Jay Bookman

Opinion columnist and blogger with The Atlanta Journal-Constitution, specializing in foreign relations, environmental and technology-related issues

I watched that ugly debate so you didn't have to, and ...


I watched, so you didn't have to. And most of what you're hearing about last night's debate is true.

Jeb Bush, needing to impress, did the opposite. He looked like I would look like if, at age 59 and out of practice, I walked into a street basketball game. He was tentative, two steps too slow, flat-footed and a bit befuddled out there. By the end of the night, no one would throw him the ball.  And when he tried to take on Marco Rubio, he got posterized.

Rubio proved the star of the night, polished and adept. Ted Cruz showed ability as well. Sure, his tirade against the media was pre-planned and predictable -- bashing the media at a GOP debate, oooh, risky! -- but it's necessary to acknowledge that CNBC, with its clumsy questioning and lack of control, had set him up for it perfectly. And while Chris Christie did well, his campaign isn't going to catch fire if you took a flamethrower to it.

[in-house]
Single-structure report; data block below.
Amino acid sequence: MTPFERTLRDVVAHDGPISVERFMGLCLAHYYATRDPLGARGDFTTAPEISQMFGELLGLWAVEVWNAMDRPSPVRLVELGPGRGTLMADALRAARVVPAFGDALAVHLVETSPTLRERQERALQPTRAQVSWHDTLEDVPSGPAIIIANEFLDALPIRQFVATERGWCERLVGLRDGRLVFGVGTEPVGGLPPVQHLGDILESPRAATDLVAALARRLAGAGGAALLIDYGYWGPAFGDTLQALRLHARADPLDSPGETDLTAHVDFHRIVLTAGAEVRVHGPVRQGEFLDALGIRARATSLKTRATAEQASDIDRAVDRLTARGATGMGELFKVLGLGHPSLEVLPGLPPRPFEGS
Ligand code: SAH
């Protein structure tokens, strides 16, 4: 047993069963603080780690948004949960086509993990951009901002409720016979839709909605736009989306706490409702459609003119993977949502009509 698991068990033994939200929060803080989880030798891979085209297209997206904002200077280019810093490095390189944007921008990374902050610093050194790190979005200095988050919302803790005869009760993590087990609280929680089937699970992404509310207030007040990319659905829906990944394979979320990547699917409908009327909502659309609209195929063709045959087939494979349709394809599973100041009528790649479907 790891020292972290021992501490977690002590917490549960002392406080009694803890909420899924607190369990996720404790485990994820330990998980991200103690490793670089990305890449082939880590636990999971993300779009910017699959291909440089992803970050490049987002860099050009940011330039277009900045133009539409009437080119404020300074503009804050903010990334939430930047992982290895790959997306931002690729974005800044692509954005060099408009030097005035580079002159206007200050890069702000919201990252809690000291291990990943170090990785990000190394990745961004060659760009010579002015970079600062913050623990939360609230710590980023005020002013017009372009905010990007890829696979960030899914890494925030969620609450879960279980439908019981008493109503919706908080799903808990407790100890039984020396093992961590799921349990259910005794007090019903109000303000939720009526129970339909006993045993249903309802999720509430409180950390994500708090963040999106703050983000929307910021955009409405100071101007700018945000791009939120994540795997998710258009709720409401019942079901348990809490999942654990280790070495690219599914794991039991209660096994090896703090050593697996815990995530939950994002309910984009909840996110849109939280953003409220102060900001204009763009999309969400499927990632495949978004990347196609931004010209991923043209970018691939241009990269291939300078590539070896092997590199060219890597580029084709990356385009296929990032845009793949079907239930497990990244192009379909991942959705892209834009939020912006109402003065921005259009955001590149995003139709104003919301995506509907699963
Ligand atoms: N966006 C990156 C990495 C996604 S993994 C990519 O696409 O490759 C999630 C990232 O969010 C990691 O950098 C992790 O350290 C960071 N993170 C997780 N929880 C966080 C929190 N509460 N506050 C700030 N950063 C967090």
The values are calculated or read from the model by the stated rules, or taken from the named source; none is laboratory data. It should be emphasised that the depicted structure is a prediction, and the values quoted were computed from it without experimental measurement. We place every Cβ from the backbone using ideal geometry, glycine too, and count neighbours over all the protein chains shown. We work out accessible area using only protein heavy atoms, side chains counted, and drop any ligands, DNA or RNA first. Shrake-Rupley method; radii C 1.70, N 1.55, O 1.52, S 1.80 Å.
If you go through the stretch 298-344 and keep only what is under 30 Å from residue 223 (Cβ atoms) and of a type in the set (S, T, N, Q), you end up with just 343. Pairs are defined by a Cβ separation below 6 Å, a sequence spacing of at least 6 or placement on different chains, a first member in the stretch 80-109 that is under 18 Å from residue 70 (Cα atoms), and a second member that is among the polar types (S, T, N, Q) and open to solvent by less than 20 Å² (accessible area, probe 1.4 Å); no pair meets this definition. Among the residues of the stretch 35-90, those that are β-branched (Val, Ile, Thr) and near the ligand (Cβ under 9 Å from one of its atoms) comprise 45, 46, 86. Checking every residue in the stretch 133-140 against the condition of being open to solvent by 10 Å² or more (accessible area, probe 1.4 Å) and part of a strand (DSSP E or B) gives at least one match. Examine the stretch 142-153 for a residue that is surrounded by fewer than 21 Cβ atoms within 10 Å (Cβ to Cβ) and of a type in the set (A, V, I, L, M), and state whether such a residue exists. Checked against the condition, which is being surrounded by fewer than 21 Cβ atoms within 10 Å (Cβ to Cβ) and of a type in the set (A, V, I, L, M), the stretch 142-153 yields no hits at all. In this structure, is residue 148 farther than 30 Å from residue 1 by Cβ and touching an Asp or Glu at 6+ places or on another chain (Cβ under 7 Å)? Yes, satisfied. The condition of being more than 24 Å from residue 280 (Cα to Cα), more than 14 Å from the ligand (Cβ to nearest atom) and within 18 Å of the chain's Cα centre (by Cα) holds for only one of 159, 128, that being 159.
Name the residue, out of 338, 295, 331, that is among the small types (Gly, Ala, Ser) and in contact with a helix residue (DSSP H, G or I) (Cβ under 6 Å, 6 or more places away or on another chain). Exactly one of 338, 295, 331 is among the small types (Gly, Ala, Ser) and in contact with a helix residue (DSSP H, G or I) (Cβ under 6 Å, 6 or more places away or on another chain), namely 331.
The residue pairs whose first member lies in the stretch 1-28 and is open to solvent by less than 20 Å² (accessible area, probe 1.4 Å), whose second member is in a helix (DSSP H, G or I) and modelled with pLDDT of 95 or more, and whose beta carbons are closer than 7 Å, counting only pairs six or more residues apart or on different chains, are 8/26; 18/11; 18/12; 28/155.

The appeal of Ben Carson has always been a mystery to me, so when I tell you that he again came across as someone whose entire schtick is reciting the contents of Hallmark greeting cards, maybe that's what his fans like. And yes, based on his debate performances, the air is slowly leaking from the hot air balloon that is Donald Trump. He was both boring and bored, neither of which bodes well for his political future.

That's what I saw.


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About the Author

Jay Bookman writes about government and politics, with an occasional foray into other aspects of life as time, space and opportunity allow.